Giants Continue to Innovate Internally

Innovation doesn’t always come on the field. Innovation can invade any part of the sport, really. And innovation doesn’t always mean you are first in your field, even if that sounds wrong. If you define innovation as the introduction of something new, the Giants are constantly innovating upon their own processes.

“You always have to assess your best practices,” admitted Giants Vice President Bobby Evans this week. That includes everything from the training room to the rest room, apparently. Over the last three years, the Giants have spent time improving their facilities so that the fans and players had the best experiences possible. You might not see it easily on the field, and it’s hard to quantify how much these things help — but these changes are probably meaningful.

To be clear, though, this isn’t even to say that the Giants have always been out in front on these new changes they’ve made. Yes, they were one of the first clubs to offer free wi-fi to fans in their stadium, but some of the recent changes have only been innovations to their own setups.

The newest change to how the Giants work has them flying in a “specially configured aircraft” as Evans put it. Instead of chartering a plane with 20 first class seats and deciding it based on “service time or if a guy was banged up” as General Manager Brian Sabean put it, the team has a plane full of first-class seats available for their use on road trips.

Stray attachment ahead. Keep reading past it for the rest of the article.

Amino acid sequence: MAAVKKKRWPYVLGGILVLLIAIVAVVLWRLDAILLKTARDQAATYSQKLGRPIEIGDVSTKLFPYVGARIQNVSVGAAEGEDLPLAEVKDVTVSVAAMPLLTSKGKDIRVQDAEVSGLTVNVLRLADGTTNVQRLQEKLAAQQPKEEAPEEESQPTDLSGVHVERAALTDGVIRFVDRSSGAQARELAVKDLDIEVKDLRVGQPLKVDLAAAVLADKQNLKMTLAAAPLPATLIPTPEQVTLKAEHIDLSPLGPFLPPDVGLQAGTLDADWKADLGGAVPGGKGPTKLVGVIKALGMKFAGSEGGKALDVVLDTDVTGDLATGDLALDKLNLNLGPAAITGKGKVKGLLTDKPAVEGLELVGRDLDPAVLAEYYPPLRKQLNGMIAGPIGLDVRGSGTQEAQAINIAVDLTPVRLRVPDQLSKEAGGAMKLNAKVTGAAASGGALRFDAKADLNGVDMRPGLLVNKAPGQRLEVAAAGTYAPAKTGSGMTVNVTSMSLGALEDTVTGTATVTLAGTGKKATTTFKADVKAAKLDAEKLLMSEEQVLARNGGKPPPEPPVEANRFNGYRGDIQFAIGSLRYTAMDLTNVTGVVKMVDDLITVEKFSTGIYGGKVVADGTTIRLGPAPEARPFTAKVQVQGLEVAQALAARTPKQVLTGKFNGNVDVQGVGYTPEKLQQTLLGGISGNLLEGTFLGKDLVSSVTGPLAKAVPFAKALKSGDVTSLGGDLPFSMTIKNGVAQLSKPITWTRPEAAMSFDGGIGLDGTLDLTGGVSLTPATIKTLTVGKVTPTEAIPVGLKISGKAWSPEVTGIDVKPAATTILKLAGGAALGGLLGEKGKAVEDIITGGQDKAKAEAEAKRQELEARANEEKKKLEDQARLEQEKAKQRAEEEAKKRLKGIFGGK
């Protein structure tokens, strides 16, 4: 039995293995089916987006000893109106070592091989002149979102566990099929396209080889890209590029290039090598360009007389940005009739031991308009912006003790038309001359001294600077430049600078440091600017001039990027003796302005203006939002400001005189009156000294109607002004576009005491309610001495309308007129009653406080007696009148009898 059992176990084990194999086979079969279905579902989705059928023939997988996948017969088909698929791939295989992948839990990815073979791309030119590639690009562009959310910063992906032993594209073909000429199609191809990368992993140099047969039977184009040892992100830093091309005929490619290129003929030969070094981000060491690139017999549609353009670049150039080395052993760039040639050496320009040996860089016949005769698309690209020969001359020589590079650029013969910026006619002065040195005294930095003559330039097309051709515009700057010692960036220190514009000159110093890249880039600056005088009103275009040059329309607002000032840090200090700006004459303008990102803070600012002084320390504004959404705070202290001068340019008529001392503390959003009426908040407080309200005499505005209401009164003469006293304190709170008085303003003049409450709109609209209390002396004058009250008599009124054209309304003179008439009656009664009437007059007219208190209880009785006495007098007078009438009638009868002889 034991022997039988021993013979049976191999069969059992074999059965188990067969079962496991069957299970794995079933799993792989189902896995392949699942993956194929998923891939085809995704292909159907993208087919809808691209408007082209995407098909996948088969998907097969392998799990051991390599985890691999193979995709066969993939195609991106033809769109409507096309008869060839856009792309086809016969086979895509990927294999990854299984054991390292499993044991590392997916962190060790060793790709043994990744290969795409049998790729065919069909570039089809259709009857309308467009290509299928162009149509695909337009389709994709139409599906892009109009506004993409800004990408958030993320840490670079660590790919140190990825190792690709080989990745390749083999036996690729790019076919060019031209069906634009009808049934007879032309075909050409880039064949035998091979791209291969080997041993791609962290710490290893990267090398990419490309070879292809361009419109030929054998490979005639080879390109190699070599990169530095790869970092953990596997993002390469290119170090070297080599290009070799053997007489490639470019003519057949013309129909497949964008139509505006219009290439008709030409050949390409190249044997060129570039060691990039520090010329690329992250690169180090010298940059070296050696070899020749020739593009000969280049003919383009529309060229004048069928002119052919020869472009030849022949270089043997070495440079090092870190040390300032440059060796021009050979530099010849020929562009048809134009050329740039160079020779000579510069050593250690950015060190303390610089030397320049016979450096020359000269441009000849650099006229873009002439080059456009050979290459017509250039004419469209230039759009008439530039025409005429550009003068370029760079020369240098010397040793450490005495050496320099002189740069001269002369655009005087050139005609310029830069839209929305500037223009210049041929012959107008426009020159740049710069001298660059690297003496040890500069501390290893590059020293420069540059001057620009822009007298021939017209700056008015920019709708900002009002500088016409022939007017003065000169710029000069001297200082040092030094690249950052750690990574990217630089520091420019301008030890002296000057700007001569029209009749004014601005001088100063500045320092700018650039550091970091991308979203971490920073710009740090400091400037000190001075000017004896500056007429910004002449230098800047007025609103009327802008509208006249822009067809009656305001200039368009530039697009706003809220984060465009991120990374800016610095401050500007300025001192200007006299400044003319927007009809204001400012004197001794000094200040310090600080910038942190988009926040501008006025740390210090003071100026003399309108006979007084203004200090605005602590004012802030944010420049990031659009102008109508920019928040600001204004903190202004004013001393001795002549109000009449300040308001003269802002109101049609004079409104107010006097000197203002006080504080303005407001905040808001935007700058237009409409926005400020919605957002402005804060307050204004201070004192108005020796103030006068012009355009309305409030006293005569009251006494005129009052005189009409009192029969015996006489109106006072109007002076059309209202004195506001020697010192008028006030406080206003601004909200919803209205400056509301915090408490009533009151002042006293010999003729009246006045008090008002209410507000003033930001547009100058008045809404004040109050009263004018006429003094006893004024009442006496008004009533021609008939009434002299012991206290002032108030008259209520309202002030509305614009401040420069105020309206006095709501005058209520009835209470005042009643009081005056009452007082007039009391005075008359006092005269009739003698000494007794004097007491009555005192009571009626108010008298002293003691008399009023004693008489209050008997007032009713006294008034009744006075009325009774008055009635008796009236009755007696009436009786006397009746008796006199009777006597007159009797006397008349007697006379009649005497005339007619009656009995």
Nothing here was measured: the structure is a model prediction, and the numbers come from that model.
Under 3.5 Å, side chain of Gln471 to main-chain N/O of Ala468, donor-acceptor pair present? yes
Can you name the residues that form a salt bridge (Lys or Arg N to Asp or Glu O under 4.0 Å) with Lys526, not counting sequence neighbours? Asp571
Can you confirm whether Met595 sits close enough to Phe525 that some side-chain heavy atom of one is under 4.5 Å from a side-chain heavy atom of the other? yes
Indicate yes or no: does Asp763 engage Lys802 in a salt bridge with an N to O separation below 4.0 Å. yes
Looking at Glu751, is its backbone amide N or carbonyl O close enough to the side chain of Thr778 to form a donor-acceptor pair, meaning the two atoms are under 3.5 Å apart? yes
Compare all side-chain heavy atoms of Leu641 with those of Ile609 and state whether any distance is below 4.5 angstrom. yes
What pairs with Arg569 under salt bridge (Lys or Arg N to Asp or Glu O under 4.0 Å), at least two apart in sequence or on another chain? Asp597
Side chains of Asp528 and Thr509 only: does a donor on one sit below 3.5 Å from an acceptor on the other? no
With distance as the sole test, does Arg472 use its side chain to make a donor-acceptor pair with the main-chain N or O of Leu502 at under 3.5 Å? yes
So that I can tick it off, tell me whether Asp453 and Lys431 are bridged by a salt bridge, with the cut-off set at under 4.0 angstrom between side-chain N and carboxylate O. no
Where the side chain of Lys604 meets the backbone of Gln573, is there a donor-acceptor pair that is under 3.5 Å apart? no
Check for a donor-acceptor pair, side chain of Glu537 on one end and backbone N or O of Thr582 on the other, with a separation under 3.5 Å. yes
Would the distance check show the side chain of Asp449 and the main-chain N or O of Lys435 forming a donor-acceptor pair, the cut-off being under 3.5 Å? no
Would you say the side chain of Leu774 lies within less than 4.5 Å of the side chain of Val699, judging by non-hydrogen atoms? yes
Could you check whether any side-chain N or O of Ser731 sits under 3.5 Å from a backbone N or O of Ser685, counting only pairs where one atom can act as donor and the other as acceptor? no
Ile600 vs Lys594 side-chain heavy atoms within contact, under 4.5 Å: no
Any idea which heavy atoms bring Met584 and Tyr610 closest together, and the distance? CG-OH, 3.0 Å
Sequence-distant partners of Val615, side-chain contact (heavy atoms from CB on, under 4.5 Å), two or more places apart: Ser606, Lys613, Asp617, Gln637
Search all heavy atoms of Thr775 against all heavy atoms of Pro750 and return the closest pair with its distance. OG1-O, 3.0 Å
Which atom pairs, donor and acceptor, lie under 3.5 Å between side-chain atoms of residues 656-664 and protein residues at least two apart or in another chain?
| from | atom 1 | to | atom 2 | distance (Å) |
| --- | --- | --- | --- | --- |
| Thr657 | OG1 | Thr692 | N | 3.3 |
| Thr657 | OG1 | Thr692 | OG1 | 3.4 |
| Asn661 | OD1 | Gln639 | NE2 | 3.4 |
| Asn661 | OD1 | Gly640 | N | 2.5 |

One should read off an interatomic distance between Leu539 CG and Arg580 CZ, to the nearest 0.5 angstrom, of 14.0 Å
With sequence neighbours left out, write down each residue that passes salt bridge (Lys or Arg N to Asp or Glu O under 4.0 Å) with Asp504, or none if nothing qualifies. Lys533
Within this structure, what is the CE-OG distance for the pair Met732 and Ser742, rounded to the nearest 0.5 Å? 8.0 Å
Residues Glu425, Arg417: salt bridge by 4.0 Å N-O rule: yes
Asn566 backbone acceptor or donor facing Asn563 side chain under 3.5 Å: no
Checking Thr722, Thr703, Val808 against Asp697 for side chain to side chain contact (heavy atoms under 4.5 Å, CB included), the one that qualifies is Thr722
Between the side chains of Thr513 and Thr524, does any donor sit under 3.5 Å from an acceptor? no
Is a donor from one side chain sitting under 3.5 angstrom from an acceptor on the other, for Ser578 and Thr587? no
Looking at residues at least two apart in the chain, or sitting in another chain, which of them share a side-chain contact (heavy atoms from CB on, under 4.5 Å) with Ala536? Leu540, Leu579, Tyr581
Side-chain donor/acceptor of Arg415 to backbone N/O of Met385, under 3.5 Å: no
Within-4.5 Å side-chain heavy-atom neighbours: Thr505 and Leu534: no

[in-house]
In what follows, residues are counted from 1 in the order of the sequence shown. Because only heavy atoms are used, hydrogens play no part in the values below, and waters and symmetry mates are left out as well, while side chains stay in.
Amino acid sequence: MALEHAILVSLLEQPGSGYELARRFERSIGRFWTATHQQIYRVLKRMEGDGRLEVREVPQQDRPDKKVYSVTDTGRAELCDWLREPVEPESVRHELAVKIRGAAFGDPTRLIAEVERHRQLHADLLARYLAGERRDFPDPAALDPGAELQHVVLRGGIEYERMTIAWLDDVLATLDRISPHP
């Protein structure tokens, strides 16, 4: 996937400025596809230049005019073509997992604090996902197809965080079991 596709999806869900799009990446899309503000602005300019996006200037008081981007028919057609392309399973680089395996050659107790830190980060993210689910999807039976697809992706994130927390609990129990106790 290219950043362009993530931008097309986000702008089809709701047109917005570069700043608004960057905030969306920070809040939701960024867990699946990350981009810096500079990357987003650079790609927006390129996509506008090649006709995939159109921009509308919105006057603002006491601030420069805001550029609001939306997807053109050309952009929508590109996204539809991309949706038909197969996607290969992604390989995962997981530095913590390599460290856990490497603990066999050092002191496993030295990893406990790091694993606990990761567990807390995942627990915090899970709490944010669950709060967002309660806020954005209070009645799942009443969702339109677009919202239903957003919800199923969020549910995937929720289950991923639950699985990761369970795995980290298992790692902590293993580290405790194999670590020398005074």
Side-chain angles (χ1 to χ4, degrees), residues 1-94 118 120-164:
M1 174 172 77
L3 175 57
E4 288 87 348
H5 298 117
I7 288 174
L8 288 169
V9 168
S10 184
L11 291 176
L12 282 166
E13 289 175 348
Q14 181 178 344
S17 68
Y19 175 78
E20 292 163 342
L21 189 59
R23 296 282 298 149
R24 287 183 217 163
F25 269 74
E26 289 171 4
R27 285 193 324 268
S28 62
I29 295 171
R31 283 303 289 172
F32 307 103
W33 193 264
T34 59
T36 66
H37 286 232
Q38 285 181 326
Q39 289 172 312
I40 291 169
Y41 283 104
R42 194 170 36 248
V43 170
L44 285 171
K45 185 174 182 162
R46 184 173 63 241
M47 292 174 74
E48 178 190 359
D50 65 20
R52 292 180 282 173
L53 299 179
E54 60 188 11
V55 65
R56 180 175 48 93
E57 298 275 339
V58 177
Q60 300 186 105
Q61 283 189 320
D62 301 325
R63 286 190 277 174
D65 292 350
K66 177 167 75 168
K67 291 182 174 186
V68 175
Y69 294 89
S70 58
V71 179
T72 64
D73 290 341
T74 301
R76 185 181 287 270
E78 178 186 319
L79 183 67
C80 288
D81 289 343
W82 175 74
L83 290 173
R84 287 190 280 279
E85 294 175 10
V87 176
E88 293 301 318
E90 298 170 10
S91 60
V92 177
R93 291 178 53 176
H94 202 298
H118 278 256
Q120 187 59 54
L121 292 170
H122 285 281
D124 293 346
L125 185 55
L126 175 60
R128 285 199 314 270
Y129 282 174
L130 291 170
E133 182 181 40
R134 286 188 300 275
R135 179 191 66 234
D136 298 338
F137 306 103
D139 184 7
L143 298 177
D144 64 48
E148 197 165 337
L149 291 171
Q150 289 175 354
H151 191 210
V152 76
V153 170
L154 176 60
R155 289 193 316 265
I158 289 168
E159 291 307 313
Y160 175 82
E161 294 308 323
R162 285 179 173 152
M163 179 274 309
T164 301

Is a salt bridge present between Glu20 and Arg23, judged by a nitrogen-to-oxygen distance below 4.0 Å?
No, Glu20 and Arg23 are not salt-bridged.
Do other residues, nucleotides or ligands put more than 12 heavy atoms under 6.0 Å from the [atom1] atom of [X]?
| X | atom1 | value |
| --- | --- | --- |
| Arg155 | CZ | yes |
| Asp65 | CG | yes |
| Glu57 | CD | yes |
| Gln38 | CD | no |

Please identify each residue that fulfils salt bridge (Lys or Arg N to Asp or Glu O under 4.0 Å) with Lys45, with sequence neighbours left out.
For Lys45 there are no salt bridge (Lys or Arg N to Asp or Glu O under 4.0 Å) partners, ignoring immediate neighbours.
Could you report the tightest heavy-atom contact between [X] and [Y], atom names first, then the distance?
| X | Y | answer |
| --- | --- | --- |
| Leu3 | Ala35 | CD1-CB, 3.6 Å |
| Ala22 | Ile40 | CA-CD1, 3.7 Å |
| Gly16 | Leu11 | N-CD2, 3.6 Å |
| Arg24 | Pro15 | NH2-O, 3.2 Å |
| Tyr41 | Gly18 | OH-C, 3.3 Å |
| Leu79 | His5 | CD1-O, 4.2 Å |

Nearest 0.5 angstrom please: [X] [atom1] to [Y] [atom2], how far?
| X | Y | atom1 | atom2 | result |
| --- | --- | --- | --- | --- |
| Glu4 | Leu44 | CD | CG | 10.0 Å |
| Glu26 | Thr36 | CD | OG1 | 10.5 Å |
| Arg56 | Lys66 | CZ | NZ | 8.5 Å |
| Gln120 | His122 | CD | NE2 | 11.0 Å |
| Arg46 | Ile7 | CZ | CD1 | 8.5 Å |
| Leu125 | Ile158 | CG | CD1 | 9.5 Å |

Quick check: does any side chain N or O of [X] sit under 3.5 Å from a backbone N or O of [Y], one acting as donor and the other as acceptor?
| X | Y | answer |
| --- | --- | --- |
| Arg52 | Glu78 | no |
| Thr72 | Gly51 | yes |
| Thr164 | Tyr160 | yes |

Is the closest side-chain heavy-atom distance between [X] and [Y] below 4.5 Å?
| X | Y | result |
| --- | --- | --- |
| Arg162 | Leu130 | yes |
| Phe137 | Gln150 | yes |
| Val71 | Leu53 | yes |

Madison Bumgarner’s name was evoked. Evans admitted that he usually got first class treatment, but pointed out that he didn’t always get the seat up front, and when he didn’t, it wasn’t comfortable. “He took up three to four seats, but still had that limited legroom,” Evans said. Now Bumgarner, and his fellow veterans, can all take advantage of extra legroom.

This might be a little easier on their backs, so maybe this shows up there. This should help with the sleeping habits, and show up there. Whatever it is, we know that distance traveled is a big part of home field advantage. And so, for a limited upgrade in cost — Evans pointed out that there are more carriers offering this sort of solution now, so the price has become more competitive in recent years, and Sabean credited Team Travel Director Bret Alexander with the idea — the team offered its players a much better traveling situation.

Oakland and Seattle have been doing this for some time, so this isn’t something the league hasn’t seen before. But it is impressive that a team with three championships didn’t rest on its laurels — it identified a place where it could improve the lives of its players, and it acted.

In a similar fashion, the team has just finished a two-year remodel of the clubhouses at AT&T park. In what Evans referred to as “a little bit of a catch up” to where the other clubs are, and Sabean called “a completely new clubhouse,” the Giants reconfigured the rooms and upgraded the amenities offered to the coaches and players. Little things add up.